What does spring mean to you? Have you started any new book projects?

Sunday, March 17, 2013

Still Working on that A to Z Challenge

Badge from A to Z challenge

Well I still have four more posts to write. Somehow, I’m finding it hard to get those last four done with everything else going on around here. I may have to resort to the dictionary for help with U, V, X, and Y. We’ll see.

The weather has finally turned spring-like here, so getting the yard in shape is necessary as well finishing the taxes. Two jobs I’m not really gung–ho for. I’m also working on the rewrite of my book and trying to organize myself to get into move mode.

I’m one to collect a lot of stuff. Sometimes it would be easier to run away from home. What to keep, what to sell, what to donate, all issues I’d rather not deal with. But, if I left it up to my husband, he would get rid of everything most likely. Somehow, I have to handle all this over the next couple of months, as well as out traveling to look over different locations for the move, since we can’t decide on anything except we aren’t going through another winter here.

There will also be two sets of friends coming to visit as well. Making all of this stuff mesh together is the challenge.

I am totally off the track with writing this time, but I will get back on it next post. I’ll be posting for the A to Z Challenge on my other blog here:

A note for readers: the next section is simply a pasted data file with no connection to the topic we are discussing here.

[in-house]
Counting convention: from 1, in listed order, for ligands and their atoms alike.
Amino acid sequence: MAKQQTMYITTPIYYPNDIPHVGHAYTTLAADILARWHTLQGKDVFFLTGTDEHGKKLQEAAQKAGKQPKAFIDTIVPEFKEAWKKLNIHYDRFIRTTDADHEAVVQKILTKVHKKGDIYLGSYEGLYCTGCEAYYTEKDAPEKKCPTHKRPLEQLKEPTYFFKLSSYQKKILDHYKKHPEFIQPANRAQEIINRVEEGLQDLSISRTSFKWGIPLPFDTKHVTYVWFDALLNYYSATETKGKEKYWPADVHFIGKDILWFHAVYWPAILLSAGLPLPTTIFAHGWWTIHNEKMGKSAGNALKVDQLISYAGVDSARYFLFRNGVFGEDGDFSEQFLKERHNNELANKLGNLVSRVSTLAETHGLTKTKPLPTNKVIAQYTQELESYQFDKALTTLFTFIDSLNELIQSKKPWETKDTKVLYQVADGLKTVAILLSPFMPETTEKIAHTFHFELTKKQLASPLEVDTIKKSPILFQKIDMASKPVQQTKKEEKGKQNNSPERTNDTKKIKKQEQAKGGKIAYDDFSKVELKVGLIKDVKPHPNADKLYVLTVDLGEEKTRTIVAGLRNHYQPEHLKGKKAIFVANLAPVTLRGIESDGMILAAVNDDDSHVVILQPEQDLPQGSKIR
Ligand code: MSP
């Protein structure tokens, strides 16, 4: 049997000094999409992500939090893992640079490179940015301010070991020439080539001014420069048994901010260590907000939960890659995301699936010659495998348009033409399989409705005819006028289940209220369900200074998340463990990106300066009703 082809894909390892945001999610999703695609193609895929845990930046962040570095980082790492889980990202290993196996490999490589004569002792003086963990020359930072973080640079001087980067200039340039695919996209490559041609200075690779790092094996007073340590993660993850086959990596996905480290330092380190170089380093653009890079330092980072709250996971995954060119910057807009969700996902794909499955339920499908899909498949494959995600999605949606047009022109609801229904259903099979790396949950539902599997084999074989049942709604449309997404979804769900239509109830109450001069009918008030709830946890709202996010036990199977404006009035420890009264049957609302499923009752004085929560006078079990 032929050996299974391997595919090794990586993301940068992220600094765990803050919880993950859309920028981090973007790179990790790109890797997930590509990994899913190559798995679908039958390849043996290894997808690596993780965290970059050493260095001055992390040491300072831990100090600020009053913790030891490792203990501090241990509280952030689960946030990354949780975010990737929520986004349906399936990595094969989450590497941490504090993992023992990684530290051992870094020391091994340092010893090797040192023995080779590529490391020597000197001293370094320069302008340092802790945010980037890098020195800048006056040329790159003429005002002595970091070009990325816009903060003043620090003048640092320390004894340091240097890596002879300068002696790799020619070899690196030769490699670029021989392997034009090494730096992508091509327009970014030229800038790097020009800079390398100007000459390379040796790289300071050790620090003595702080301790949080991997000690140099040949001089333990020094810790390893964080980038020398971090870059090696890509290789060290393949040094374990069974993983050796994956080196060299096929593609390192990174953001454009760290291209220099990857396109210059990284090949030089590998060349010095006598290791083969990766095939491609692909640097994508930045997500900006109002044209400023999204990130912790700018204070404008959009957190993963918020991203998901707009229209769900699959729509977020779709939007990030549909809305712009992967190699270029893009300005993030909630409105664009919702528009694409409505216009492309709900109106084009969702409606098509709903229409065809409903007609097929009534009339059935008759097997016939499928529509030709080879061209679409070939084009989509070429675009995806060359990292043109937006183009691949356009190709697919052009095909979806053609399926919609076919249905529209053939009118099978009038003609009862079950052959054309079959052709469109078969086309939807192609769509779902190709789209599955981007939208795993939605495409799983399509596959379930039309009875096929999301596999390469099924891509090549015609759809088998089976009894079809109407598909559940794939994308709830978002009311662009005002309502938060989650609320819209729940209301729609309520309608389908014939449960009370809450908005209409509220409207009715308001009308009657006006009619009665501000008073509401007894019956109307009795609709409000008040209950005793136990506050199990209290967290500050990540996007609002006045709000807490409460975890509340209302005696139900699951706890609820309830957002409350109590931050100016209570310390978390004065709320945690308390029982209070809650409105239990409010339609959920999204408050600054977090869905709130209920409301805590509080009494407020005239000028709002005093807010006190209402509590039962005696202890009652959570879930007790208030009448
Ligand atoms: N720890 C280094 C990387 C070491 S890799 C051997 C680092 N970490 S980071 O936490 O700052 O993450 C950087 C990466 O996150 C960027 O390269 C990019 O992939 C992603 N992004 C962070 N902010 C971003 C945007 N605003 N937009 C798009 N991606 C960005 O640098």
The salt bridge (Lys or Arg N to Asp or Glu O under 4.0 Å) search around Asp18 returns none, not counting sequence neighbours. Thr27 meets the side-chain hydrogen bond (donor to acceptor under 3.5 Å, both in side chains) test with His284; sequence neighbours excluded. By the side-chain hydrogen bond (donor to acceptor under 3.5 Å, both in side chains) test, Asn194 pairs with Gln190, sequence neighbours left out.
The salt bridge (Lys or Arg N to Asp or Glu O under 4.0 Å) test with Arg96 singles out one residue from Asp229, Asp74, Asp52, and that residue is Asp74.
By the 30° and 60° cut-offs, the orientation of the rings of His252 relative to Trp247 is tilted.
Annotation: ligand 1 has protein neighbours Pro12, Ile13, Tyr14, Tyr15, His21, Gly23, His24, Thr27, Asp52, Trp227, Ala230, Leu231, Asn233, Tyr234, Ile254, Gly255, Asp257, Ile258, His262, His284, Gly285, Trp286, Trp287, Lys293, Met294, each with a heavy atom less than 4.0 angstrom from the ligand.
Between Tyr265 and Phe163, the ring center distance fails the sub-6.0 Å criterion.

For those of you on Blogger, who will participate in the challenge, please disable the CAPTCHA, if you haven’t already done so. You will get more visitors and comments that way. I will visit as many as I can, but I will be traveling part of that time.

To disable CAPTCHA, please see this post for step-by-step instructions:

To sign up for the A to Z Challenge, please visit Lee’s blog here:

Wednesday, March 13, 2013

ABNA 2013 Contest Update

From Contest Website

The announcement for the quarterfinalist’s selections posted yesterday for this yearly contest. Five hundred lucky people are moving on to the next round. This is indeed a good feeling to get this far when you are up against so many to start with. Congratulations to these people.

There are five categories this time, the first ever:

Photo's from Contest Website

I will post again next month when the contest is down to the final twenty-five and nail-biting time.

Sunday, March 10, 2013